(b) Persons who act as designated providers to such patients shall also not be arrested, prosecuted, or subject to other criminal sanctions or civil consequences under state law, notwithstanding any other provision of law, based solely on their assisting with the medical use of marijuana; and
(c) Health care professionals shall also not be arrested, prosecuted, or subject to other criminal sanctions or civil consequences under state law for the proper authorization of medical use of marijuana by qualifying patients for whom, in the health care professional's professional judgment, the medical use of marijuana may prove beneficial.
(3) Nothing in this chapter establishes the medical necessity or medical appropriateness of marijuana for treating terminal or debilitating medical conditions as defined in RCW 69.51A.010.
(4) Nothing in this chapter diminishes the authority of correctional agencies and departments, including local governments or jails, to establish a procedure for determining when the use of marijuana would impact community safety or the effective supervision of those on active supervision for a criminal conviction, nor does it create the right to any accommodation of any medical use of marijuana in any correctional facility or jail.
[2015 c 70 § 16; 2011 c 181 § 102; 2010 c 284 § 1; 2007 c 371 § 2; 1999 c 2 § 2 (Initiative Measure No. 692, approved November 3, 1998).]
NOTES:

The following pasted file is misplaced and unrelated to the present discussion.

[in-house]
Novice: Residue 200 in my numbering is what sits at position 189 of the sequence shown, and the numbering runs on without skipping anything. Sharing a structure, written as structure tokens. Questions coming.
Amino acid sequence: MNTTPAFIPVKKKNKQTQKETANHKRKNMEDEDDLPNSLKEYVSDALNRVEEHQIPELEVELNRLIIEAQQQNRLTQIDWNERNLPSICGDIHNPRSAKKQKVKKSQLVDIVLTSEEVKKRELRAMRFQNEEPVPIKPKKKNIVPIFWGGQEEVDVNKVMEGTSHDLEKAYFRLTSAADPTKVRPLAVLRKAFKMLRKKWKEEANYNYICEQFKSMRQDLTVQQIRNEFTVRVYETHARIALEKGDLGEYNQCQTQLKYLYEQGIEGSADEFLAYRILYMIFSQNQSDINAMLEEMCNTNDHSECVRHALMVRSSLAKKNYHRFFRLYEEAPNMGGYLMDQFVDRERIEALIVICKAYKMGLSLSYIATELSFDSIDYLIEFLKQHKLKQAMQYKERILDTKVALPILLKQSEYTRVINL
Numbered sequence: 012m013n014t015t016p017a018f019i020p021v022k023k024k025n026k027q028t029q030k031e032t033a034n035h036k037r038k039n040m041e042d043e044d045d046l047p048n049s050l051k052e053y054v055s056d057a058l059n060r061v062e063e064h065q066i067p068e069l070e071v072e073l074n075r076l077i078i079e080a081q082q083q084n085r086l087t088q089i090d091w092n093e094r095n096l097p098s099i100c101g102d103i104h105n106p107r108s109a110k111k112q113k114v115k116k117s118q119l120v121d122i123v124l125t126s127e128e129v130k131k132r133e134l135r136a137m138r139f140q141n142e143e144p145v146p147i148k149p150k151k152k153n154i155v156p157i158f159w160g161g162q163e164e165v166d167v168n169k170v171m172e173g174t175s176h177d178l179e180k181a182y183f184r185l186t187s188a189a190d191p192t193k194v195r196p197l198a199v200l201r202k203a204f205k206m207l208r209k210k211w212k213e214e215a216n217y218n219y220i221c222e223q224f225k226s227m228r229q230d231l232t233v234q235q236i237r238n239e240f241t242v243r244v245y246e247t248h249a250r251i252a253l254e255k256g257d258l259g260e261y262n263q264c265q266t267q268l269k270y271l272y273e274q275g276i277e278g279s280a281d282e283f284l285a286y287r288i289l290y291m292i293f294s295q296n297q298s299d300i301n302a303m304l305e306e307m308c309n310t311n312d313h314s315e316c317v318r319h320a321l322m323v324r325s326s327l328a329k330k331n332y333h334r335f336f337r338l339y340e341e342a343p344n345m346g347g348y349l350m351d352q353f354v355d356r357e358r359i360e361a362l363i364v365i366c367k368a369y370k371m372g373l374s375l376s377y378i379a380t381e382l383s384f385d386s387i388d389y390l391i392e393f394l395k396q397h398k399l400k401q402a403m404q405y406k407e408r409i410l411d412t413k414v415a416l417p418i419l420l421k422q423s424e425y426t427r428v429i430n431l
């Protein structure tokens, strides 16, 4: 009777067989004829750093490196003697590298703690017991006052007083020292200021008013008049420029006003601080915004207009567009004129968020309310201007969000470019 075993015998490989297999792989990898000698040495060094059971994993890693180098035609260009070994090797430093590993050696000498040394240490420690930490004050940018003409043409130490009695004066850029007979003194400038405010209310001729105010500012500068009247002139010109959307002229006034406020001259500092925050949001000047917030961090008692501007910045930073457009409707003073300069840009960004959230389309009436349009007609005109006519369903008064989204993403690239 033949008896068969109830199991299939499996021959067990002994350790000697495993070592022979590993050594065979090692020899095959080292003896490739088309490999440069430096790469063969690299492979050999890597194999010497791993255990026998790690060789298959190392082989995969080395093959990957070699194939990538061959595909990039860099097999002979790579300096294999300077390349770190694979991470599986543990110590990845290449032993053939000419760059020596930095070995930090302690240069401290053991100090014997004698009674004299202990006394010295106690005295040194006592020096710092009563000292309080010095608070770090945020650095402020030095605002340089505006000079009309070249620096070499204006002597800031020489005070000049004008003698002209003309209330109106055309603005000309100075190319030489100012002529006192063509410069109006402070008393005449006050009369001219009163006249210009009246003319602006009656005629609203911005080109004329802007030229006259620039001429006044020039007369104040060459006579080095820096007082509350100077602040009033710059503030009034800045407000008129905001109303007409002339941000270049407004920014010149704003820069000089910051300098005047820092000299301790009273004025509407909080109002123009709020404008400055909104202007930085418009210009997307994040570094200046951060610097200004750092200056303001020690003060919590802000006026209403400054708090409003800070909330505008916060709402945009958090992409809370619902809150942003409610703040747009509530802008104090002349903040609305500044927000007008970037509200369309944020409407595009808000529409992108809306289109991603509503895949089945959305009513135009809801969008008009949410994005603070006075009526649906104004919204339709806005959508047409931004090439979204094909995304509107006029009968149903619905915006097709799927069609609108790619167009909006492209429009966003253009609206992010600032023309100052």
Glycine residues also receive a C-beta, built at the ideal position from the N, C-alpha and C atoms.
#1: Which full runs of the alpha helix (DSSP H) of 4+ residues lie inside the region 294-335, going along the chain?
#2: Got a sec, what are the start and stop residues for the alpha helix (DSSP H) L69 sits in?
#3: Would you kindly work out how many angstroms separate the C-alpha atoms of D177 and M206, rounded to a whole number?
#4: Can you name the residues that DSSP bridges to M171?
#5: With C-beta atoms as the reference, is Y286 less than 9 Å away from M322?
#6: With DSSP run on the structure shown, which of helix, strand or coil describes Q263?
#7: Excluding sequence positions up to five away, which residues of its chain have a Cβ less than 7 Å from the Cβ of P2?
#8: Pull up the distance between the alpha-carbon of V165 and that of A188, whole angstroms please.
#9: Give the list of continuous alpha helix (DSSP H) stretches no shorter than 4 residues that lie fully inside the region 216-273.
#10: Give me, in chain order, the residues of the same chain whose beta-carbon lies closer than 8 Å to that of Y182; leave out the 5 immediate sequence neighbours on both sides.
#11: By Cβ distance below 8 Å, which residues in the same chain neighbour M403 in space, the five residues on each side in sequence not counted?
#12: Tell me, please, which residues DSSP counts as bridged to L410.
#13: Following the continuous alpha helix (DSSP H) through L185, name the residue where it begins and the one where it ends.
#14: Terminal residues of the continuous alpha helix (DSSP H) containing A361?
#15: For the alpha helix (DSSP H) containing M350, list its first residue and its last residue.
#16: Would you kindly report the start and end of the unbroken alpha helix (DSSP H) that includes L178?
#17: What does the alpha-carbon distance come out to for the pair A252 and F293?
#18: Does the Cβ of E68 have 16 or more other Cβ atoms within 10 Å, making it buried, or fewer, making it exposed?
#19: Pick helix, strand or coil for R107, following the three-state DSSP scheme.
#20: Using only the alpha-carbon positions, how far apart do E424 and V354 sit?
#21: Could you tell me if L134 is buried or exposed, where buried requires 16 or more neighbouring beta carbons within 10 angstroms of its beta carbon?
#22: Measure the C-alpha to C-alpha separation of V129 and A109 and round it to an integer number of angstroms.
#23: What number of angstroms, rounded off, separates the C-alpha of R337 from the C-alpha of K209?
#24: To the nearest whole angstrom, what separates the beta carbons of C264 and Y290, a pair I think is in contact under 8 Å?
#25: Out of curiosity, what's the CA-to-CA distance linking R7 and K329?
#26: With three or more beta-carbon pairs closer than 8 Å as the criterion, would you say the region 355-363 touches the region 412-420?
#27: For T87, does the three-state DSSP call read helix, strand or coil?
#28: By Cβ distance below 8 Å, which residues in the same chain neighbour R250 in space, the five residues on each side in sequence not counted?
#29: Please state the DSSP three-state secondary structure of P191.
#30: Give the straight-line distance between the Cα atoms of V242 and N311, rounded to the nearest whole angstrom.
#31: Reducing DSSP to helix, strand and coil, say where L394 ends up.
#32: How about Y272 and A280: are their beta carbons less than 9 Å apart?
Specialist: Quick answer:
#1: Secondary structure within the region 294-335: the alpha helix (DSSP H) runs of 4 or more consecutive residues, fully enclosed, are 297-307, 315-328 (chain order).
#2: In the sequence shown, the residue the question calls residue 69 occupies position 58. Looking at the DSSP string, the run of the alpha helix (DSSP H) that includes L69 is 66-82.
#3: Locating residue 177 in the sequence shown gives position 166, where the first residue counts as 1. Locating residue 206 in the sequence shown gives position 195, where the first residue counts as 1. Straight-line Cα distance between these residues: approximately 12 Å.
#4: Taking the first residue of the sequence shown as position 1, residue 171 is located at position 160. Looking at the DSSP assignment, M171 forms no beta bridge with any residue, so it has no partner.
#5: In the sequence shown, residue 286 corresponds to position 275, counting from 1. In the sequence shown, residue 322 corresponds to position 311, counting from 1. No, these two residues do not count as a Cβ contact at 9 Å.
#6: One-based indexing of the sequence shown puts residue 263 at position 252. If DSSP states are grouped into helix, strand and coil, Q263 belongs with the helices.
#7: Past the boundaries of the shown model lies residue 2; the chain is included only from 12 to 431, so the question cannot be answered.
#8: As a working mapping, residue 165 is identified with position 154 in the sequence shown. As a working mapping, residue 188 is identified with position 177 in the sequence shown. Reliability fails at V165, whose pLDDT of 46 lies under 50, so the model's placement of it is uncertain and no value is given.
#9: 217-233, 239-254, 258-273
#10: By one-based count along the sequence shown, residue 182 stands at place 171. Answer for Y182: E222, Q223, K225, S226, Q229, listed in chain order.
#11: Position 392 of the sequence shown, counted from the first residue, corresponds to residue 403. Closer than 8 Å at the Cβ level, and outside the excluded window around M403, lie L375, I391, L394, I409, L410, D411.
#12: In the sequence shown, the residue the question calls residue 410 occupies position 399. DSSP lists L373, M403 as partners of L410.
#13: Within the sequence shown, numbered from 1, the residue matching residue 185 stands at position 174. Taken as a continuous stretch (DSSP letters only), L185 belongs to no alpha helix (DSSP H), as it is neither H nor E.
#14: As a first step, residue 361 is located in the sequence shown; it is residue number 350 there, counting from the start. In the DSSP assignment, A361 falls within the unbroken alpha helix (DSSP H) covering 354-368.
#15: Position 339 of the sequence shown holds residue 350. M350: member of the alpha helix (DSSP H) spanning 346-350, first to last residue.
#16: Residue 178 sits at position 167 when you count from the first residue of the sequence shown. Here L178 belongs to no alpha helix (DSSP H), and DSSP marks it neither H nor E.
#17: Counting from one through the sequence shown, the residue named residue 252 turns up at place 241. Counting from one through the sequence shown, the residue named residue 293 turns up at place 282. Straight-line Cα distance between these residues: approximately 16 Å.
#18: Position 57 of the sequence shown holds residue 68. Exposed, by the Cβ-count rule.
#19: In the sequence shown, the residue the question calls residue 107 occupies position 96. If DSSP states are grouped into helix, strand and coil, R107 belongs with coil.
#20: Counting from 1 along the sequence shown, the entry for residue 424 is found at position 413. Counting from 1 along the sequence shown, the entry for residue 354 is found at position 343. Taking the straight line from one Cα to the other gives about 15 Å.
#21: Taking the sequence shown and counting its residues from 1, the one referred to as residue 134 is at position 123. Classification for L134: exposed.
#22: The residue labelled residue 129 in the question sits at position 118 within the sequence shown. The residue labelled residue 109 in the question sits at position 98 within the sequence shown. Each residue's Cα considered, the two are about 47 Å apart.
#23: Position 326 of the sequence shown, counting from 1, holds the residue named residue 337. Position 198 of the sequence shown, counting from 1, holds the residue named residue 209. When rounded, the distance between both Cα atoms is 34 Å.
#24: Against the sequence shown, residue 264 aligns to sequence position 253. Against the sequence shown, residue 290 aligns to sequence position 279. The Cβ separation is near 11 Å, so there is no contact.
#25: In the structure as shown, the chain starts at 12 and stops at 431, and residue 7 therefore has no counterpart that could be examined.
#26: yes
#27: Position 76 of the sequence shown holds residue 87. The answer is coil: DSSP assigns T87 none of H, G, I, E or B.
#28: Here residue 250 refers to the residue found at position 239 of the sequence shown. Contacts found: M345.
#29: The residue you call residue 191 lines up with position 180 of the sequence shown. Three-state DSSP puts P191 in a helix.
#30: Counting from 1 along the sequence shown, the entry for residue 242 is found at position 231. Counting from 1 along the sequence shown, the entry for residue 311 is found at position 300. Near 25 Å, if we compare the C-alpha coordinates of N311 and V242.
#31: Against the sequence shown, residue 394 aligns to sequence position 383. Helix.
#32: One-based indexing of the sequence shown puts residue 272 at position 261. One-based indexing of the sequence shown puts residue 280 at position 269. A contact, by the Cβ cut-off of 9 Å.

Short titleFindingsIntentReferences to Washington state liquor control boardDraft legislation2015 c 70: See notes following RCW 66.08.012.
Intent2007 c 371: "The legislature intends to clarify the law on medical marijuana so that the lawful use of this substance is not impaired and medical practitioners are able to exercise their best professional judgment in the delivery of medical treatment, qualifying patients may fully participate in the medical use of marijuana, and designated providers may assist patients in the manner provided by this act without fear of state criminal prosecution. This act is also intended to provide clarification to law enforcement and to all participants in the judicial system." [2007 c 371 § 1.]



69.51A.010
Definitions.

The definitions in this section apply throughout this chapter unless the context clearly requires otherwise.
(1)(a) Until July 1, 2016, "authorization" means:
(i) A statement signed and dated by a qualifying patient's health care professional written on tamper-resistant paper, which states that, in the health care professional's professional opinion, the patient may benefit from the medical use of marijuana; and
(ii) Proof of identity such as a Washington state driver's license or identicard, as defined in RCW 46.20.035.
(b) Beginning July 1, 2016, "authorization" means a form developed by the department that is completed and signed by a qualifying patient's health care professional and printed on tamper-resistant paper.
(c) An authorization is not a prescription as defined in RCW 69.50.101.
(2) "CBD concentration" means the percent of cannabidiol content per dry weight of any part of the plant Cannabis, or per volume or weight of marijuana product.
(3) "Department" means the department of health.
(4) "Designated provider" means a person who is twenty-one years of age or older and:
(a)(i) Is the parent or guardian of a qualifying patient who is under the age of eighteen and beginning July 1, 2016, holds a recognition card; or
(ii) Has been designated in writing by a qualifying patient to serve as the designated provider for that patient;